In the preferred embodiment, two gaterotors 10 and 10A are used and therefore the preferred embodiment will be described with reference to two gaterotors 10 and 10A. Gaterotors 10 and 10A function in substantially an identical manner. Gaterotors 10 and 10A each comprise gaterotor teeth 11 which are in meshing relation with the mainrotor threads 21 and 21A formed on mainrotor 20. Gaterotors 10 and 10A are provided with gaterotor integral shaft 13 and 13A, respectively. Gaterotor teeth 11 pass through casing 30 via casing gaterotor windows 31 and 31A to accomplish meashing. Gaterotor paths 12 and 12A generally denote the path of gaterotor and mainrotor meshing.
The space formed between two adjacent mainrotor threads 21 and 21A of the mainrotor 20 of this type can accordingly form a mainrotor compression chamber 23 and 23A which are sealed off at one end by a gaterotor tooth 11 and sealed off at the other end by providing the mainrotor with a mainrotor closed end 24.
When a fluid intake I such as air or gas, which can be at atmospheric pressure, is sucked into a mainrotor compression chamber 23 or 23A, the rotation of the mainrotor 20 permits a progressive reduction in the volume of the mainrotor compression chambers 23 and 23A until the mainrotor compression chambers 23 or 23A are put into communication with casing fluid outlet means 33 and 33A which can be formed in the casing 30. In a compressor the chamber's volume would be reduced during rotation while in a liquid pump its volume would remain constant until it is exposed to the outlet. The pocket's volume history may be determined by selection of a mainrotor/casing shape and other geometric parameters to obtain the desired result. Fluid outlet means 33 and 33A comprise fluid outlet bores 32 and 32A for channeling outlet fluid O.
Casing 30 is generally of a hollow conical shape. Gaterotor casing windows 31 and 31A, which extend radially and axially from the top of the casing 30, are provided to allow for gaterotors 10 and 10A to mesh with mainrotor 20. Gaterotor casing window substantially conform to the angular arcs of gaterotor paths 12 and 12A. A casing plate 34 is fixedly attached to the bottom of casing 30 thereby allowing for assembly of the compressor. Fastening means, such as cap screws 37, secure casing plate 34 to casing threaded bores, not shown, via casing plate bores 36. Casing plate 34 further comprises an inner diameter 35 which provides pressure sealing with mainrotor closed end 24.
Referring now to FIG. 1 and FIG. 3, in operation it is readily seen that the invention provides compression chambers 23 and 23A which are sealed off from the intake side of compression chambers 23 and 23A by a plurality of gaterotor teeth 11. Gaterotor tooth paths 12 and 12A denote where along the compression chambers 23 and 23A the gaterotor teeth 11 mesh with the mainrotor 20 to provide sealing.
Each compression chamber 23 and 23A is sealed twice by one gaterotor and once by the other gaterotor. When FIG. 1 and FIG. 3 are viewed simultaneously, it is seen that compression chamber 23 is sealed twice by the teeth 11 of gaterotor 10 and once by the teeth 11 of gaterotor 10A and compression chamber 23A is sealed twice by the teeth of gaterotor 10A and once by the teeth 11 of gaterotor 10.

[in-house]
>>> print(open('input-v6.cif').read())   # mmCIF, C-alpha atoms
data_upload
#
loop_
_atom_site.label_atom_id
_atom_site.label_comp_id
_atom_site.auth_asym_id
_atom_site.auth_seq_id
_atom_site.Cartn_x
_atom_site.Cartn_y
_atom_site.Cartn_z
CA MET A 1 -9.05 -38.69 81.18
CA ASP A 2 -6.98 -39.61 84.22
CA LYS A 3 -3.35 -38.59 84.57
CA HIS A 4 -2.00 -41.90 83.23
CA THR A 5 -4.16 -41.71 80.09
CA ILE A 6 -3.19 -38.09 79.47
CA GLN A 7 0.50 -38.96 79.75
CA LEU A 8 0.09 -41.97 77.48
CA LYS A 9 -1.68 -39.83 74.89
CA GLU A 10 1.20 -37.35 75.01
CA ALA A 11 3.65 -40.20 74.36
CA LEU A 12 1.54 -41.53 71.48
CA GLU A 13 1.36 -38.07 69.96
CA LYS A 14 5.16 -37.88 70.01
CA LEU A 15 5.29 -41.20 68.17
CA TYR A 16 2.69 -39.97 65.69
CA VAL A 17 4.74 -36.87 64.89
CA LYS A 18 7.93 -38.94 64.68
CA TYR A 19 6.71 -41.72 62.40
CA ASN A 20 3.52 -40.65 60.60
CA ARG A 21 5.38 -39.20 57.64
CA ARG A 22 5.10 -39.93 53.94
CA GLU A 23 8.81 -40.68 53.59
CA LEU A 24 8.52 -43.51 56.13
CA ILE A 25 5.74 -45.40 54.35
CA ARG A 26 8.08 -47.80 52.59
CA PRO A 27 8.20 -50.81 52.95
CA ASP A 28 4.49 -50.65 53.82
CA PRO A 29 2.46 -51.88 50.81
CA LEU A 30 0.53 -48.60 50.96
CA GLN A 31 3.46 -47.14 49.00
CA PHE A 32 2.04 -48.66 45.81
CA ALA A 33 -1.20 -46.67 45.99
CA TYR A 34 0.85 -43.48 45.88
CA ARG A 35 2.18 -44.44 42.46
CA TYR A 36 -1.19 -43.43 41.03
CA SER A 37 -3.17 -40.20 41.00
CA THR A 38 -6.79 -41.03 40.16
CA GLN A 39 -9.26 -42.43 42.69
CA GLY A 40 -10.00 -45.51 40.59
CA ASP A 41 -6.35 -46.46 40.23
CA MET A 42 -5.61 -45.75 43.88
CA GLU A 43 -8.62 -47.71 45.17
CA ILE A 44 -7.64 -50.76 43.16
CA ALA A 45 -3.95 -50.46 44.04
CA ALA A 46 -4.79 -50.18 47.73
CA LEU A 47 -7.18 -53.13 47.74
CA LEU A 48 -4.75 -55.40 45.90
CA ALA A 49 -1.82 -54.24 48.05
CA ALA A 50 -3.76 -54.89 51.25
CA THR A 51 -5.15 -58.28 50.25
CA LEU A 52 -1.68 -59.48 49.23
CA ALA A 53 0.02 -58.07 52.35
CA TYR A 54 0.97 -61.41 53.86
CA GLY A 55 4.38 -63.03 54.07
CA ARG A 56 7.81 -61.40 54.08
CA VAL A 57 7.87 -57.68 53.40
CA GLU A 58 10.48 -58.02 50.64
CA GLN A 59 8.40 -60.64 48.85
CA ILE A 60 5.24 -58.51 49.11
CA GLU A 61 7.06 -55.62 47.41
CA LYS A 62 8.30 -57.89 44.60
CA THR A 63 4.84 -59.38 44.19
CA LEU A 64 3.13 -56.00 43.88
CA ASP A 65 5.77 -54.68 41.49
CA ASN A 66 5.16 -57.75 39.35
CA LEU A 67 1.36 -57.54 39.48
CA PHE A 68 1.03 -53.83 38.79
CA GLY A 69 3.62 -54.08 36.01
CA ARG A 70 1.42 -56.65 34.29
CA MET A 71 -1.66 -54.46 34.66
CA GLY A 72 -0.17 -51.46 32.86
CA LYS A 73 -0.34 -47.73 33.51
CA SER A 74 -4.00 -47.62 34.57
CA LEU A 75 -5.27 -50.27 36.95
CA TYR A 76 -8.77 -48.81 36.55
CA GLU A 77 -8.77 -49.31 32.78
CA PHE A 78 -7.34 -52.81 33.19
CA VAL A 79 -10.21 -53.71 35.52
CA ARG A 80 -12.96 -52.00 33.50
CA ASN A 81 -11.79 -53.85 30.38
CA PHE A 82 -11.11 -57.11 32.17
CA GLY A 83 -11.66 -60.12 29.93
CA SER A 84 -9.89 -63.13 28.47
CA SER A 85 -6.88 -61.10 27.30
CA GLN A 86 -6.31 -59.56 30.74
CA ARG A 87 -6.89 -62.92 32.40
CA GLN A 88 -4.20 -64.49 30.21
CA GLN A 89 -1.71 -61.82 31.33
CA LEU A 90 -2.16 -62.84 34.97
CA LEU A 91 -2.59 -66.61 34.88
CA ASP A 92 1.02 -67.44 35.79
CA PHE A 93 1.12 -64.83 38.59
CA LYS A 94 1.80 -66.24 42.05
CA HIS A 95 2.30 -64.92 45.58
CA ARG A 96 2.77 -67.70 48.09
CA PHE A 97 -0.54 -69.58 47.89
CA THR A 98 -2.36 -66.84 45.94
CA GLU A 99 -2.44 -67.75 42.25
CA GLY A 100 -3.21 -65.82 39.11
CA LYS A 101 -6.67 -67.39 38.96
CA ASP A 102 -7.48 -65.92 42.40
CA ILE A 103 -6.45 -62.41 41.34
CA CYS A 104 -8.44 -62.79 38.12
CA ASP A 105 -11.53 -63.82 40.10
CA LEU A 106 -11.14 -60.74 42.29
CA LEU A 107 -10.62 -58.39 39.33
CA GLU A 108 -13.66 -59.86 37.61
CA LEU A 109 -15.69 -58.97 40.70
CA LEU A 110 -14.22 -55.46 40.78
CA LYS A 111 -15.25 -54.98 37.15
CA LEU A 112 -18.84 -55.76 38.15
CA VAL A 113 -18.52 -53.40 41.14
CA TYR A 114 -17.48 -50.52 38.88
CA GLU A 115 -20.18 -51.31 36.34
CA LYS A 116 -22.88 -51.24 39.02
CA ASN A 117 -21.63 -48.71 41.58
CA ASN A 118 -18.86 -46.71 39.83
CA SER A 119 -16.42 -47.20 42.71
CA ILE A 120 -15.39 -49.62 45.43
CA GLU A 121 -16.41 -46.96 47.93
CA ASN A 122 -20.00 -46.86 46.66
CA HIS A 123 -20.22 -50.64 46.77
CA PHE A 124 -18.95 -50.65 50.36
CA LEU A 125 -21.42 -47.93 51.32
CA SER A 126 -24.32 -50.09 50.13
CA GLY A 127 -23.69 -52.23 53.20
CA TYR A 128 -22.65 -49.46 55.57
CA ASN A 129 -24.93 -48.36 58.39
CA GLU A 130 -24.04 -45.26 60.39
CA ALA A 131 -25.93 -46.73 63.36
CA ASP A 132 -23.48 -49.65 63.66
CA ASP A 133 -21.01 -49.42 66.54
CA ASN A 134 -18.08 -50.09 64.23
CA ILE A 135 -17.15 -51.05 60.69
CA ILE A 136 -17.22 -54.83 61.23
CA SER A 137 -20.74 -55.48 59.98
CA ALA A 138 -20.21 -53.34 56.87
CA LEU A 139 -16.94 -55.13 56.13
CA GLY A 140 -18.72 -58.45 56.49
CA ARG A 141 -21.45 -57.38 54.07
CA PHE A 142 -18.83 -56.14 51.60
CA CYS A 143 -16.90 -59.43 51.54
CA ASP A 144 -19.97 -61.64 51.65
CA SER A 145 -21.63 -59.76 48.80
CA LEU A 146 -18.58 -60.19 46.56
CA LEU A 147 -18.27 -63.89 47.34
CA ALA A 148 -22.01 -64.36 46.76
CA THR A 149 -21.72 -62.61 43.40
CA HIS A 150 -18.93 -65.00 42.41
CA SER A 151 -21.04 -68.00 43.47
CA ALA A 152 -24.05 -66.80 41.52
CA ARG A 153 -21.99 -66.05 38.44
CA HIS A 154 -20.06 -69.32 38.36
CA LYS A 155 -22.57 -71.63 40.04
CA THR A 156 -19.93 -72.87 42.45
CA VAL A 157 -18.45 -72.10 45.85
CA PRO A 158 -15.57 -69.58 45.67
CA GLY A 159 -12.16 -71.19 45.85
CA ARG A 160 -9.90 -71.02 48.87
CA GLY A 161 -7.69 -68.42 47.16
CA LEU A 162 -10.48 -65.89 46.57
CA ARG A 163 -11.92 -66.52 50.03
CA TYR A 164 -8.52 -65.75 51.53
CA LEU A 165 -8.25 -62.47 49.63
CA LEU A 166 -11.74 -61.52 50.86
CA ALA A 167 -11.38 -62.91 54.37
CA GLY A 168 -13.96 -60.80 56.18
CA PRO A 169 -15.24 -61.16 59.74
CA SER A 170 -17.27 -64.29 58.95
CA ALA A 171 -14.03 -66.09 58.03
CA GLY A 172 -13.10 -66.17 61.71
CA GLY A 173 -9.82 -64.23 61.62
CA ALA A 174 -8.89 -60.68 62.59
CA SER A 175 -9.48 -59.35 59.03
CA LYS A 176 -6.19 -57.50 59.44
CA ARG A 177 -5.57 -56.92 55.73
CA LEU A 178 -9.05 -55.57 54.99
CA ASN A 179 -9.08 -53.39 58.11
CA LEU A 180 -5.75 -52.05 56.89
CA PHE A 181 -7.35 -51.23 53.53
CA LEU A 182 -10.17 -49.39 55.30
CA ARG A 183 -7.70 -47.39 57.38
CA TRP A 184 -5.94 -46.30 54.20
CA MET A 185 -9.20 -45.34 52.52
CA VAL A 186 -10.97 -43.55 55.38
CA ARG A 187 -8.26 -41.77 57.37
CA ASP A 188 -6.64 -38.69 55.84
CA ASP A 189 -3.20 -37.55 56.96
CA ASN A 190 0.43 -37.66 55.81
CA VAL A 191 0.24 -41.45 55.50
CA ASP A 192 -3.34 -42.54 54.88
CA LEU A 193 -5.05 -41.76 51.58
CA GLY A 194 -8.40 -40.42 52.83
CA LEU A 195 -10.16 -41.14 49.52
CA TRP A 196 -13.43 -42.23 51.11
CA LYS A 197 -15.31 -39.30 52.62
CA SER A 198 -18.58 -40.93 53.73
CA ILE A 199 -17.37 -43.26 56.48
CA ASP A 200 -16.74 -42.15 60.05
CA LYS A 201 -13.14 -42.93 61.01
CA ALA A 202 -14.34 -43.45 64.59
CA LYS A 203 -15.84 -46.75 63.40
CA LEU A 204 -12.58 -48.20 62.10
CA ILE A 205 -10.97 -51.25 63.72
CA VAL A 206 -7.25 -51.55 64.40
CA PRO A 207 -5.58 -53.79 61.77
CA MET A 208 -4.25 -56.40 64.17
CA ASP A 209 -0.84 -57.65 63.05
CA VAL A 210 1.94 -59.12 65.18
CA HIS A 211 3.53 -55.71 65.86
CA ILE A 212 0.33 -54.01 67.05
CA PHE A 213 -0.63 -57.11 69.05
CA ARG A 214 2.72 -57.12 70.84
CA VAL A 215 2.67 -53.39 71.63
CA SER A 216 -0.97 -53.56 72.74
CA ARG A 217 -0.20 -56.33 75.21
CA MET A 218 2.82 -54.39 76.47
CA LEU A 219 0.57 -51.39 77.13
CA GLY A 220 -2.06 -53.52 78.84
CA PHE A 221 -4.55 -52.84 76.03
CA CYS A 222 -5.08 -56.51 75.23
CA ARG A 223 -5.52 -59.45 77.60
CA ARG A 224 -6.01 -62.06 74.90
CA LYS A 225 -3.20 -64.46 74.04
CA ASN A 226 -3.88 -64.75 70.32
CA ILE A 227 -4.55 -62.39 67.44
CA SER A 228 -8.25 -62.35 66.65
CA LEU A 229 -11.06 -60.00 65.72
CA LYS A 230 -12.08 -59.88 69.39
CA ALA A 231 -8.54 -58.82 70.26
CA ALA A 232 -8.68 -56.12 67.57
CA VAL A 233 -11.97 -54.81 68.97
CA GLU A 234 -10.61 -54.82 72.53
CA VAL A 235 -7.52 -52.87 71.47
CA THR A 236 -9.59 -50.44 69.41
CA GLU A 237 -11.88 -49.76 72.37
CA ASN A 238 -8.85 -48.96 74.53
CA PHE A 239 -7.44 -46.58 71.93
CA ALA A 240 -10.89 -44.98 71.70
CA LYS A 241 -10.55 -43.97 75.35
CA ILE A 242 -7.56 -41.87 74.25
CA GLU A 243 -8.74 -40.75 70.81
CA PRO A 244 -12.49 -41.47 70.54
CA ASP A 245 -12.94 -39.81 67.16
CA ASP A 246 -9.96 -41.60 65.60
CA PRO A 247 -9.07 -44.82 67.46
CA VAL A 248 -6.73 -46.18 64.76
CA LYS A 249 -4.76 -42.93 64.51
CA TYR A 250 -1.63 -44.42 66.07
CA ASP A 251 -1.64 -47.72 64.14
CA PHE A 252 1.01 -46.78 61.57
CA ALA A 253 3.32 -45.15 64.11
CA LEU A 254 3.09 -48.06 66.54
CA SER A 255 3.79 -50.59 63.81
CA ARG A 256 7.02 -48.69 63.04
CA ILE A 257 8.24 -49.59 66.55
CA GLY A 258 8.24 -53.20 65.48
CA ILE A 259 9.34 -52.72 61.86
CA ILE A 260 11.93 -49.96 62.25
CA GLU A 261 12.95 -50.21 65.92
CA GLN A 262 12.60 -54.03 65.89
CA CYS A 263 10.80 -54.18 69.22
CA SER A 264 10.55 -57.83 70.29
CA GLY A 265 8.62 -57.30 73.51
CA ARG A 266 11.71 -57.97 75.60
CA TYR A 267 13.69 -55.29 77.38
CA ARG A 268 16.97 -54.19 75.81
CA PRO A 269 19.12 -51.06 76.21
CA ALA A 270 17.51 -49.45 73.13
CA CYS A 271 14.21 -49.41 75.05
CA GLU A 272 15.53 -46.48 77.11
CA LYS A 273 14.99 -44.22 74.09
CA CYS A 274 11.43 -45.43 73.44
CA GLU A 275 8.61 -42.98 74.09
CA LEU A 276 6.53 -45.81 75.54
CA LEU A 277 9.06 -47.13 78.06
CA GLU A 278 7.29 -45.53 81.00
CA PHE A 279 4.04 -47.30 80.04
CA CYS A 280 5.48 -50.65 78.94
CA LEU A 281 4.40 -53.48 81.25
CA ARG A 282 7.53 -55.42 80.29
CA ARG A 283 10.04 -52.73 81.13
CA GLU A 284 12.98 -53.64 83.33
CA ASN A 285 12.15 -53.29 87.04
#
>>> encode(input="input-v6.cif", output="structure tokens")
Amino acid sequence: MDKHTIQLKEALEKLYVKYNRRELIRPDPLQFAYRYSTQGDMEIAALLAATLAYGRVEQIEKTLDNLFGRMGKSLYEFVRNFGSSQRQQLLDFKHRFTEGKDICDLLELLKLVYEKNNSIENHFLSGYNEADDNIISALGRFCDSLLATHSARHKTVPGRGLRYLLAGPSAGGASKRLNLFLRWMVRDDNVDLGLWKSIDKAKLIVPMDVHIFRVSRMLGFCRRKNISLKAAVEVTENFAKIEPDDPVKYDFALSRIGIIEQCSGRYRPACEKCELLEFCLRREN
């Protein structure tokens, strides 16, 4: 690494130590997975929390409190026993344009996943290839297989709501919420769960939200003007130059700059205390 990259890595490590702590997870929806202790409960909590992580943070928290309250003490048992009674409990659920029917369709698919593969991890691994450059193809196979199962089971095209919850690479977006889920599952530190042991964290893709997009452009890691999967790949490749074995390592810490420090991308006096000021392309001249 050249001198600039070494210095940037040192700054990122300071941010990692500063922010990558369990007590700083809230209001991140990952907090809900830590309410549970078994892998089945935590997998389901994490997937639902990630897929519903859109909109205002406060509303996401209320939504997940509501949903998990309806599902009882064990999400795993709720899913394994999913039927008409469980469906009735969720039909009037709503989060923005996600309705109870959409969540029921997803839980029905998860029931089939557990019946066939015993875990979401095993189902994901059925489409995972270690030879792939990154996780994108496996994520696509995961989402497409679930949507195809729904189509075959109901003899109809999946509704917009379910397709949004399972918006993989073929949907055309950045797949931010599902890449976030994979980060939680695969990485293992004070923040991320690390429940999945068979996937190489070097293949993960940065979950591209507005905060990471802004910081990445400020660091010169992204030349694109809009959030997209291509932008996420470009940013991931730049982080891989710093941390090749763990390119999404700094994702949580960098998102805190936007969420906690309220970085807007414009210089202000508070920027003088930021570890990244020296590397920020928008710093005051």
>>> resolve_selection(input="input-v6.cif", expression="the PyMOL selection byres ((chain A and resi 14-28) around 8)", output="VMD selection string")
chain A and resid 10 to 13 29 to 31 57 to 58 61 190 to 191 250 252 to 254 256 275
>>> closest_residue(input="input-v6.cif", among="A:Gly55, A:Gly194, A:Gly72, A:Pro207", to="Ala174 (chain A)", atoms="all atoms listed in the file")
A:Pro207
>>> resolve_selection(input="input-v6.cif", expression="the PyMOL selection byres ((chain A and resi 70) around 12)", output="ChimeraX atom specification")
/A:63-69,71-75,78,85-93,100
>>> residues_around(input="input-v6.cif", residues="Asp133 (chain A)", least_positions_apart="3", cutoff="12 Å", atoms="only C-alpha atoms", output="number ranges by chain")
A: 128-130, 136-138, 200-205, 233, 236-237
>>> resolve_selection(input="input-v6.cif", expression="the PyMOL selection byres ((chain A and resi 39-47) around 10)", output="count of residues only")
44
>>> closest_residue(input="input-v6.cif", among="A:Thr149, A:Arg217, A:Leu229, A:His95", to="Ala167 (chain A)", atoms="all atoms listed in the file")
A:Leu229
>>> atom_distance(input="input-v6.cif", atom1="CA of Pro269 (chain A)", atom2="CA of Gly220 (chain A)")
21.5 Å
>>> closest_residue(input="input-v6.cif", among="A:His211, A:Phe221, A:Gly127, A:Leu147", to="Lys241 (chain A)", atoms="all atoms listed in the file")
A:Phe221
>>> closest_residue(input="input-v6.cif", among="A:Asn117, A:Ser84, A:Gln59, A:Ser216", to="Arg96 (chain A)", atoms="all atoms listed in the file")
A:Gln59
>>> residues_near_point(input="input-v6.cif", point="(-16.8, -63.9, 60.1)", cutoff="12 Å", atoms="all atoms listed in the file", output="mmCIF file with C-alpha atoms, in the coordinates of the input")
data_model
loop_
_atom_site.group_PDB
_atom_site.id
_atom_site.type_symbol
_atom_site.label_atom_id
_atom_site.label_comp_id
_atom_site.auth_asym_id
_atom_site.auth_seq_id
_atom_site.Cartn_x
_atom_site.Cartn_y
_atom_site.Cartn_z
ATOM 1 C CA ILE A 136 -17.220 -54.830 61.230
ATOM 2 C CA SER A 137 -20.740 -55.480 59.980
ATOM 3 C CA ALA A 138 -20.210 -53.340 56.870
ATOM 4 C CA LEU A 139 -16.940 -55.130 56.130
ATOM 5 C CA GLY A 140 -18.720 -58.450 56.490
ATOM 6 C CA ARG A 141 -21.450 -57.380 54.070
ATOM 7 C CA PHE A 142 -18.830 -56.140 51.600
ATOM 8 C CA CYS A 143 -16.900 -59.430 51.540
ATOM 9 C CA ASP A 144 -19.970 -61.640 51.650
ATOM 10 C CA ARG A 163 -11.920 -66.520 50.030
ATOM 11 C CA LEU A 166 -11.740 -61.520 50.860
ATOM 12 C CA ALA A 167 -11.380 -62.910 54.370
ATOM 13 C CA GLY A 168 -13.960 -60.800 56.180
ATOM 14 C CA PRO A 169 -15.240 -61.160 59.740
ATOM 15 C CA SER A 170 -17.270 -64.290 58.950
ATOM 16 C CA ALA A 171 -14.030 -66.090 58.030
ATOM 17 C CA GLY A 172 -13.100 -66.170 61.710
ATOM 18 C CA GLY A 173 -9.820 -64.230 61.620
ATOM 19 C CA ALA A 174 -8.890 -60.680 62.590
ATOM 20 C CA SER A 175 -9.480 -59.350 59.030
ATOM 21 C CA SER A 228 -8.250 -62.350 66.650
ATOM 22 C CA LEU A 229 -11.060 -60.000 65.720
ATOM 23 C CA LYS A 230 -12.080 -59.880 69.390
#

This multiple tooth engagement concept provides compression chambers 23 and 23A which exert a relatively low differential pressures across gaterotor teeth 11. It will be readily apparent in the light of this disclosure that with multiple teeth 11 engaged in a compression chamber 23 or 23A, the pressure difference between the outlet and the inlet will be divided such that a portion of the pressure will be across each of the teeth which is engaged in a compression chamber 23 or 23A. The multiple tooth engagement concept further allows for the use of thinner gaterotors 10 and 10A which can now utilize metal and no longer have to rely on gaterotor supports, as were required in the prior art.
Although the preferred embodiment has been described with respect to an apparatus comprising two operative gaterotors, an apparatus comprising a single gaterotor is also within the scope of this invention. Such an apparatus would, of course, utilize only one of the gaterotors 10 or 10A as appropriate and only one of the output windows 32 or 32A. Thus, although a compression chamber 23 or 23A may still be sealed simultaneously by more than one tooth of the same gaterotor, it may not be sealed by more than one tooth of one gaterotor and another one tooth of another gaterotor.
Obviously, other embodiments and modifications of the present invention will readily come to those of ordinary skill in the art having the benefit of the teachings presented in the foregoing description of the drawings. It is therefore, to be understood that this invention is not to be limited thereto and that said modifications and embodiments are intended to be included within the scope of the appended claims.
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|U.S. Classification||418/195, 418/196|
|Jan 29, 1988||AS||Assignment|
Owner name: UNITED STATES OF AMERICA, THE, AS REPRESENTED BY T
Free format text: ASSIGNMENT OF ASSIGNORS INTEREST.;ASSIGNOR:WINYARD, DAVID C.;REEL/FRAME:004824/0968
Effective date: 19860822
Owner name: NAVY, UNITED STATES OF AMERICA, THE, AS REPRESENTE
Free format text: ASSIGNMENT OF ASSIGNORS INTEREST;ASSIGNOR:WINYARD, DAVID C.;REEL/FRAME:004824/0968
Effective date: 19860822
|Oct 19, 1992||FPAY||Fee payment|
Year of fee payment: 4
|Dec 3, 1996||REMI||Maintenance fee reminder mailed|
|Apr 27, 1997||LAPS||Lapse for failure to pay maintenance fees|
|Jul 8, 1997||FP||Expired due to failure to pay maintenance fee|
Effective date: 19970430